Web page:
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99-year-old recovered heart patient joins in Mercy Hospital’s milestone 500th TAVR celebration

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Cardiologists Drs. Joseph Gelormini and Nadeem Haq, at left, and cardiothoracic surgeon Dr. Stephen Downing take time for a photo with 99-year-old Joan LaDuca, a former TAVR patient, who joined them to celebrate the 500th TAVR performed at the Heart Center at Mercy Hospital. (Photo courtesy of Mercy Hospital)

Ninety-nine-year-old Joan LaDuca, a grateful former patient, joined doctors, nurses and staff at Mercy Hospital for a celebration to mark the 500th transcatheter aortic valve replacement (TAVR) procedure performed at the Catholic Health Heart Center. TAVR replaces damaged aortic valves through a tiny catheter which has given many people who may be at too high risk to undergo traditional open heart surgery – especially many older patients – a non-surgical option to treat heart valve disease.

LaDuca underwent the minimally-invasive heart procedure last June to treat aortic stenosis, a narrowing of the heart’s aortic valve which can be a life-threatening condition. Before TAVR, LaDuca said she was experiencing severe shortness of breath and dizziness but a day after the procedure when she returned home from the hospital, she already felt much better. She feels that “everybody needs to know about this” and that is why she wanted to be a part of the TAVR milestone occasion.

The hospital began performing TAVR in late 2015 and reached the 500th TAVR mark on Sept. 9. The U.S. Food and Drug Administration first approved TAVR in 2011 for use in high risk patients only, and in 2019, expanded use of the procedure for almost all people in need of aortic valve repair. Today, TAVR has become the leading choice for aortic valve replacement compared to the open surgical approach, with nearly 73,000 procedures performed in 2019 at 715 TAVR sites in the United States, according to the Society of Thoracic Surgeons/American College of Cardiology TVT Registry.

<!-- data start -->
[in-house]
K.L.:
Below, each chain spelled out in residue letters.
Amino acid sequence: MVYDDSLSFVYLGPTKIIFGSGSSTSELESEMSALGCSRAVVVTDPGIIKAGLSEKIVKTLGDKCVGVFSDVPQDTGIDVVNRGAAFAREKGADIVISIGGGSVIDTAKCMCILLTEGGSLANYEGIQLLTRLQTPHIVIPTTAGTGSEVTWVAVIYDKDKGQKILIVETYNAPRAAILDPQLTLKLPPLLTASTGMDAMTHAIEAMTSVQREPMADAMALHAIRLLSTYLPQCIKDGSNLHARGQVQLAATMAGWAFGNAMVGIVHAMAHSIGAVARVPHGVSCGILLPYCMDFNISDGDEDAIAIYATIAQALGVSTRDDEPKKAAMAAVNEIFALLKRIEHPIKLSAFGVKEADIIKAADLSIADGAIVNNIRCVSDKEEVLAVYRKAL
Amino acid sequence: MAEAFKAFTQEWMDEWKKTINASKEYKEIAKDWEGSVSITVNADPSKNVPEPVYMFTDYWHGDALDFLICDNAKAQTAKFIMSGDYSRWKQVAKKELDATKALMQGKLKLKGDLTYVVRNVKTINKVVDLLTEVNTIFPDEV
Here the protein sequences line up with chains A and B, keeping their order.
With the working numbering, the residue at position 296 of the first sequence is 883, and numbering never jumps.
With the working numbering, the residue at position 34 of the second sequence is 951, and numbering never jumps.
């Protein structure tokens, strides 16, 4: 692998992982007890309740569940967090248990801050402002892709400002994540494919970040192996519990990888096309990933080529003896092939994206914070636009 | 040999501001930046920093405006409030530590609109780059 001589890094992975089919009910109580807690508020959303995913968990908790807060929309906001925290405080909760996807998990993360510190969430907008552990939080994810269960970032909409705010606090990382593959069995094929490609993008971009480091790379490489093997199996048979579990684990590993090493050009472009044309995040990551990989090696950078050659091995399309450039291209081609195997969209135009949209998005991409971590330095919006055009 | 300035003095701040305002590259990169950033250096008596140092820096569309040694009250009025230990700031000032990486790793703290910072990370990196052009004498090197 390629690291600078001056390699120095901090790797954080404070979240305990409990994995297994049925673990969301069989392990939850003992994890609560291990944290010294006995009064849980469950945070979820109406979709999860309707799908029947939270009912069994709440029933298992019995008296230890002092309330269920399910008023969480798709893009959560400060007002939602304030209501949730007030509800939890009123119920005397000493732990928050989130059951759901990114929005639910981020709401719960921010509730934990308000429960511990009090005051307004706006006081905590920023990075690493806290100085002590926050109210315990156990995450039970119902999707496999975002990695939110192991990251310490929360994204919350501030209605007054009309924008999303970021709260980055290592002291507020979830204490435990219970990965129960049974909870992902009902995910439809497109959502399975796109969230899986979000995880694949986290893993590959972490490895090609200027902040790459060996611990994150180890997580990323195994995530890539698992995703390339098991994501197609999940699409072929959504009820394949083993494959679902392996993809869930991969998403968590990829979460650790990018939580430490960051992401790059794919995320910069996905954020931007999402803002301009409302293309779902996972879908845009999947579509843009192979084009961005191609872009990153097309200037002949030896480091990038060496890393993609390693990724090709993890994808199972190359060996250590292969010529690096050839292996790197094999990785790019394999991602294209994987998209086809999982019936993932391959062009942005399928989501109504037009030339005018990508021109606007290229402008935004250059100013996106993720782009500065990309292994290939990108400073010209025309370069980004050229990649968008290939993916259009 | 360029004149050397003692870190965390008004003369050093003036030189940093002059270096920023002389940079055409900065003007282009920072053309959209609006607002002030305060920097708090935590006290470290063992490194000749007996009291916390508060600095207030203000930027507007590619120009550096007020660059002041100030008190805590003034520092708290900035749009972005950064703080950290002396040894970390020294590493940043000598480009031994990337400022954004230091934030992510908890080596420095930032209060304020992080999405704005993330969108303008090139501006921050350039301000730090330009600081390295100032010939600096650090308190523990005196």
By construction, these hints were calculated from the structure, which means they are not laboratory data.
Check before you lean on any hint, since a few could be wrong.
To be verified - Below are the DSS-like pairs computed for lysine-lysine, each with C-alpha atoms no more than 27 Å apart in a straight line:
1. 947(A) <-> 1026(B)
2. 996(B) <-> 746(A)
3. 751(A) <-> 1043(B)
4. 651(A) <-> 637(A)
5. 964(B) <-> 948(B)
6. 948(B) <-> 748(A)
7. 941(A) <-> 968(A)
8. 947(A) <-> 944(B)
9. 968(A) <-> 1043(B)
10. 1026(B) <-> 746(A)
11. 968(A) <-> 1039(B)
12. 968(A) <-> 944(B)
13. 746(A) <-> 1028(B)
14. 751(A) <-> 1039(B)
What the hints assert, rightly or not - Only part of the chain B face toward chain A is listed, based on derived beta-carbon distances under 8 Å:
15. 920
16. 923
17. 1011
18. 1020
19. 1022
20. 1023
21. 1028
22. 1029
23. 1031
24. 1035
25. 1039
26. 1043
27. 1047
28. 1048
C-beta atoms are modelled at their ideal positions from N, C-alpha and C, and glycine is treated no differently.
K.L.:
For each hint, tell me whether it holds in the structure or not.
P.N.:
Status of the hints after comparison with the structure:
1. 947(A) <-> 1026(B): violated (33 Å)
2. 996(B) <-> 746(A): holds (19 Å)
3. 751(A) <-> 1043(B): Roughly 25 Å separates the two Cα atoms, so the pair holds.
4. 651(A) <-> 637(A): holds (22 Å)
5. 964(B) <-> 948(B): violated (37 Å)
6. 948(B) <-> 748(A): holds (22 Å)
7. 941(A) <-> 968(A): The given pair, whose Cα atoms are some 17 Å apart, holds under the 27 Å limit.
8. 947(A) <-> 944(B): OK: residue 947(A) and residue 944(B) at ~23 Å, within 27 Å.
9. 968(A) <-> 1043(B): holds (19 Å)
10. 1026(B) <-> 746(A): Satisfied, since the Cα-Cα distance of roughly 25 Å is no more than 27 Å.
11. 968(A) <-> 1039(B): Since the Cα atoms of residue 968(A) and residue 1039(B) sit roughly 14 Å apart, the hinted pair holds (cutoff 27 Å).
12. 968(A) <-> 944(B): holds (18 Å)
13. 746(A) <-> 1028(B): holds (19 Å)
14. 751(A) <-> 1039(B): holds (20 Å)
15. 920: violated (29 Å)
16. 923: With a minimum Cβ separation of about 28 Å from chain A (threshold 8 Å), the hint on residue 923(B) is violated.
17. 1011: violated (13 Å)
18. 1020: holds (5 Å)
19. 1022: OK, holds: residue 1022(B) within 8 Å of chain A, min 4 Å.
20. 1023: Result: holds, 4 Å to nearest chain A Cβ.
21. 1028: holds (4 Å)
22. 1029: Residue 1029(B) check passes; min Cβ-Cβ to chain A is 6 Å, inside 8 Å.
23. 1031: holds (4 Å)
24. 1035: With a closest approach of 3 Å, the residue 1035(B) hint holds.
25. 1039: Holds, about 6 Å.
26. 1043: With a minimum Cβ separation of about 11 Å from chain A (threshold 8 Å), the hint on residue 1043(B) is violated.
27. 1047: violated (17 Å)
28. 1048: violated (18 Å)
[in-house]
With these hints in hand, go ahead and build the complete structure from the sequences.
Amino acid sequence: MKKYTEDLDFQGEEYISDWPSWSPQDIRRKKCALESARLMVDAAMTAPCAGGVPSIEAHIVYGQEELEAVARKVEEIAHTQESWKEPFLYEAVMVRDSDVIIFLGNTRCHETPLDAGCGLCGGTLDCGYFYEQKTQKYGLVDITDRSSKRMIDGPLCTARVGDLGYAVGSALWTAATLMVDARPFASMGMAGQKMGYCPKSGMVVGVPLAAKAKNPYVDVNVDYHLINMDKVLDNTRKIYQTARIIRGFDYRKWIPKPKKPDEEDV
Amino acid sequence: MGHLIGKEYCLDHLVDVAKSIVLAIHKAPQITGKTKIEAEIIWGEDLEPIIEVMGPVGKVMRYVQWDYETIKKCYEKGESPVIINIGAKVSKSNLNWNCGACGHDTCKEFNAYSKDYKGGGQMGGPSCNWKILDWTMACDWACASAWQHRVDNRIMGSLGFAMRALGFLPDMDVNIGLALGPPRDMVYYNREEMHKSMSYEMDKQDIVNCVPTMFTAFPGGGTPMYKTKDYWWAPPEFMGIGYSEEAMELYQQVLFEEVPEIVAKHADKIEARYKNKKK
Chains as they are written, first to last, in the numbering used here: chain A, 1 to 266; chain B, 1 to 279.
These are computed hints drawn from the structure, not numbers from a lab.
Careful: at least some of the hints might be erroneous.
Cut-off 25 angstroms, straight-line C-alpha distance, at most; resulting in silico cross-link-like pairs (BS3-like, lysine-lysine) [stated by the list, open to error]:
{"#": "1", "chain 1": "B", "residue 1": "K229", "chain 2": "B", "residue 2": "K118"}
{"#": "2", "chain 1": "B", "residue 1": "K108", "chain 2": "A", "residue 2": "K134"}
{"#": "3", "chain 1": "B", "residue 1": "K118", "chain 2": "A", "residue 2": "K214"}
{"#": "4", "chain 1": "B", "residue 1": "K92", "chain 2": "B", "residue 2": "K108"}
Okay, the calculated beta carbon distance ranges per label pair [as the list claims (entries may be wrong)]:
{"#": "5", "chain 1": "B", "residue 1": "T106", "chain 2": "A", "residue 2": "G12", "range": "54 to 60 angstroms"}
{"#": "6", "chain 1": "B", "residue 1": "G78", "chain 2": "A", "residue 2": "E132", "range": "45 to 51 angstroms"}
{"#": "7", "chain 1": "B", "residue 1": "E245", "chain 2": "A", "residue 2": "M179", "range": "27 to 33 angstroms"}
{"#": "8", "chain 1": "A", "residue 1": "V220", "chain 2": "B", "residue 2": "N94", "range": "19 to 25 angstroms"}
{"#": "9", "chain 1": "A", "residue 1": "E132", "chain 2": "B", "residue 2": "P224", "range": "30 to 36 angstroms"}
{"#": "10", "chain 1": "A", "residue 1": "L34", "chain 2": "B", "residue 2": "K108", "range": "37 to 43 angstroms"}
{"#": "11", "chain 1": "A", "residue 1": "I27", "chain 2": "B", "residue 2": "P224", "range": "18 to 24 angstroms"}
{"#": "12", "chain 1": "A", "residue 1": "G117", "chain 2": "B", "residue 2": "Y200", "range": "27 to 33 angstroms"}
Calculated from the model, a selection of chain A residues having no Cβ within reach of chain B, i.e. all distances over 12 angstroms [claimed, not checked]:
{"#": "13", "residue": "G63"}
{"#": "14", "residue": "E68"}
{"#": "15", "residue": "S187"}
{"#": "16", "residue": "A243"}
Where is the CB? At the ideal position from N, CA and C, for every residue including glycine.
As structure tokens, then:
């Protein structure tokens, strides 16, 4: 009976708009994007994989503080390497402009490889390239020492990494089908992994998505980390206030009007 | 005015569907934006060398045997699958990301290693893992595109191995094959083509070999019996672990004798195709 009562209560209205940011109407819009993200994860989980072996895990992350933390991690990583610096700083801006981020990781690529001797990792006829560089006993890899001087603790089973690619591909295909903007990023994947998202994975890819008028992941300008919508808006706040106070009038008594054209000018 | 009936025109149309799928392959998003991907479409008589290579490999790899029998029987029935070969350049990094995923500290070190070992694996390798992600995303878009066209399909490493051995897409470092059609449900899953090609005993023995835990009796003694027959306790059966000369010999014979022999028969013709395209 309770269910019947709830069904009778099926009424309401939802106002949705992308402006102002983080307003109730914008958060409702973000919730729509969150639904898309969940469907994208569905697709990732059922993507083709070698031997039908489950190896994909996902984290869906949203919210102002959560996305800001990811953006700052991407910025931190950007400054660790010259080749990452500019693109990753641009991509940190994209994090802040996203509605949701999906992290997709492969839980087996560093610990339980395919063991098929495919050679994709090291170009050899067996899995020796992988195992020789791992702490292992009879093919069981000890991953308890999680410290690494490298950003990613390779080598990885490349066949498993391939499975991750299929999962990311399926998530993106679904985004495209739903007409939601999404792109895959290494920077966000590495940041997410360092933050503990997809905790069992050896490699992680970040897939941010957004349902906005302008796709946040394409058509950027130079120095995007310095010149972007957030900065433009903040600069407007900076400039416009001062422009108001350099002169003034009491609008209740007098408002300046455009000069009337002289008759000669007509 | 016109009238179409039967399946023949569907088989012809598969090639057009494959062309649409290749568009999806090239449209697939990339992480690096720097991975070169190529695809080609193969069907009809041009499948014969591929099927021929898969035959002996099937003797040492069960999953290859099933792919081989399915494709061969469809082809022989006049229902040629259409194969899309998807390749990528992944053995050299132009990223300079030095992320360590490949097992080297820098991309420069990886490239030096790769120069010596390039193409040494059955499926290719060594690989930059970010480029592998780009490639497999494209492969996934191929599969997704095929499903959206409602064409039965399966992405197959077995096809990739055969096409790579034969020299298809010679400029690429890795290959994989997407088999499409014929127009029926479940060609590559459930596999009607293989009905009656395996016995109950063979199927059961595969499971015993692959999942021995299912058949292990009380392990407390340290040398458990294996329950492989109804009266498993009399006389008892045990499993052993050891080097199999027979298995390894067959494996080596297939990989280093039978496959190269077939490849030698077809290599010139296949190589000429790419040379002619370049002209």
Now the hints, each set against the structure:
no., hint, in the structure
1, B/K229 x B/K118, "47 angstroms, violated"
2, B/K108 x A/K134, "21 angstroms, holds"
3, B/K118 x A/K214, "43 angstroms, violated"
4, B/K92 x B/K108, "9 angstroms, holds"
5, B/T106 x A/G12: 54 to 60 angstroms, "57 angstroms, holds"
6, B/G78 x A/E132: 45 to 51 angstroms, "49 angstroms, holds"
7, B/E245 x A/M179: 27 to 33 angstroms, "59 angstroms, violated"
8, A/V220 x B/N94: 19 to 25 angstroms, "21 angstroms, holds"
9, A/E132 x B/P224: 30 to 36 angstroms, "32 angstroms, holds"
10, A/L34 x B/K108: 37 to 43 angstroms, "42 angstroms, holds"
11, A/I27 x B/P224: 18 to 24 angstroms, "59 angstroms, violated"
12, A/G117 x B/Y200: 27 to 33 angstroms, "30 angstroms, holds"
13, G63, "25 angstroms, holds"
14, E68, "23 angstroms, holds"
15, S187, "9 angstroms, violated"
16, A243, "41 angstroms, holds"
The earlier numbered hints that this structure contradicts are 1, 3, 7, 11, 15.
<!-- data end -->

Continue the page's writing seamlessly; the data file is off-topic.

“Just like arteries, the aortic valve can be become clogged with cholesterol buildup,” explained Dr. Joseph Gelormini, interventional cardiologist and member of the TAVR team at the Catholic Health Heart Center at Mercy Hospital of Buffalo. “When the valve does not open properly, it impairs normal heart function, and can lead to heart failure, heart attack, or even sudden death.”

The American Heart Association estimates that about 8 million Americans suffer from heart valve diseases, with nearly 6 million cases diagnosed annually. Symptoms of aortic stenosis can include shortness of breath, lightheadedness or fainting, and chest pain. “If people are experiencing any of these symptoms, they should talk to their doctor who may order diagnostic testing or refer them to a cardiac specialist,” Gelormini added.

Cardiac surgeon Dr. Stephen Downing, another member of the TAVR team at Mercy Hospital, describes the “valve within a valve” procedure. “We thread a small catheter, tipped with a replacement valve, through a blood vessel in the leg or chest and guide it to the heart,” he explained. “Once in place across the existing heart valve, the new valve is expanded, pushing the unhealthy valve aside to take over regulating blood flow in the heart.”

“We are grateful for this breakthrough technology which allows us to help people, many in their 80s or 90s, who we couldn’t help before,” Downing added. “Recovery is also much faster, usually two or three days, and patients are able to resume normal activities sooner than with open heart surgery. I have had TAVR patients tell me they feel better right away, are steadier on their feet and experience less shortness of breath.”

In addition to Drs. Downing and Gelormini, the Catholic Health Heart Center TAVR team includes cardiothoracic surgeon Harsh Jain, MD, and interventional cardiologist Nadeem Haq, MD.

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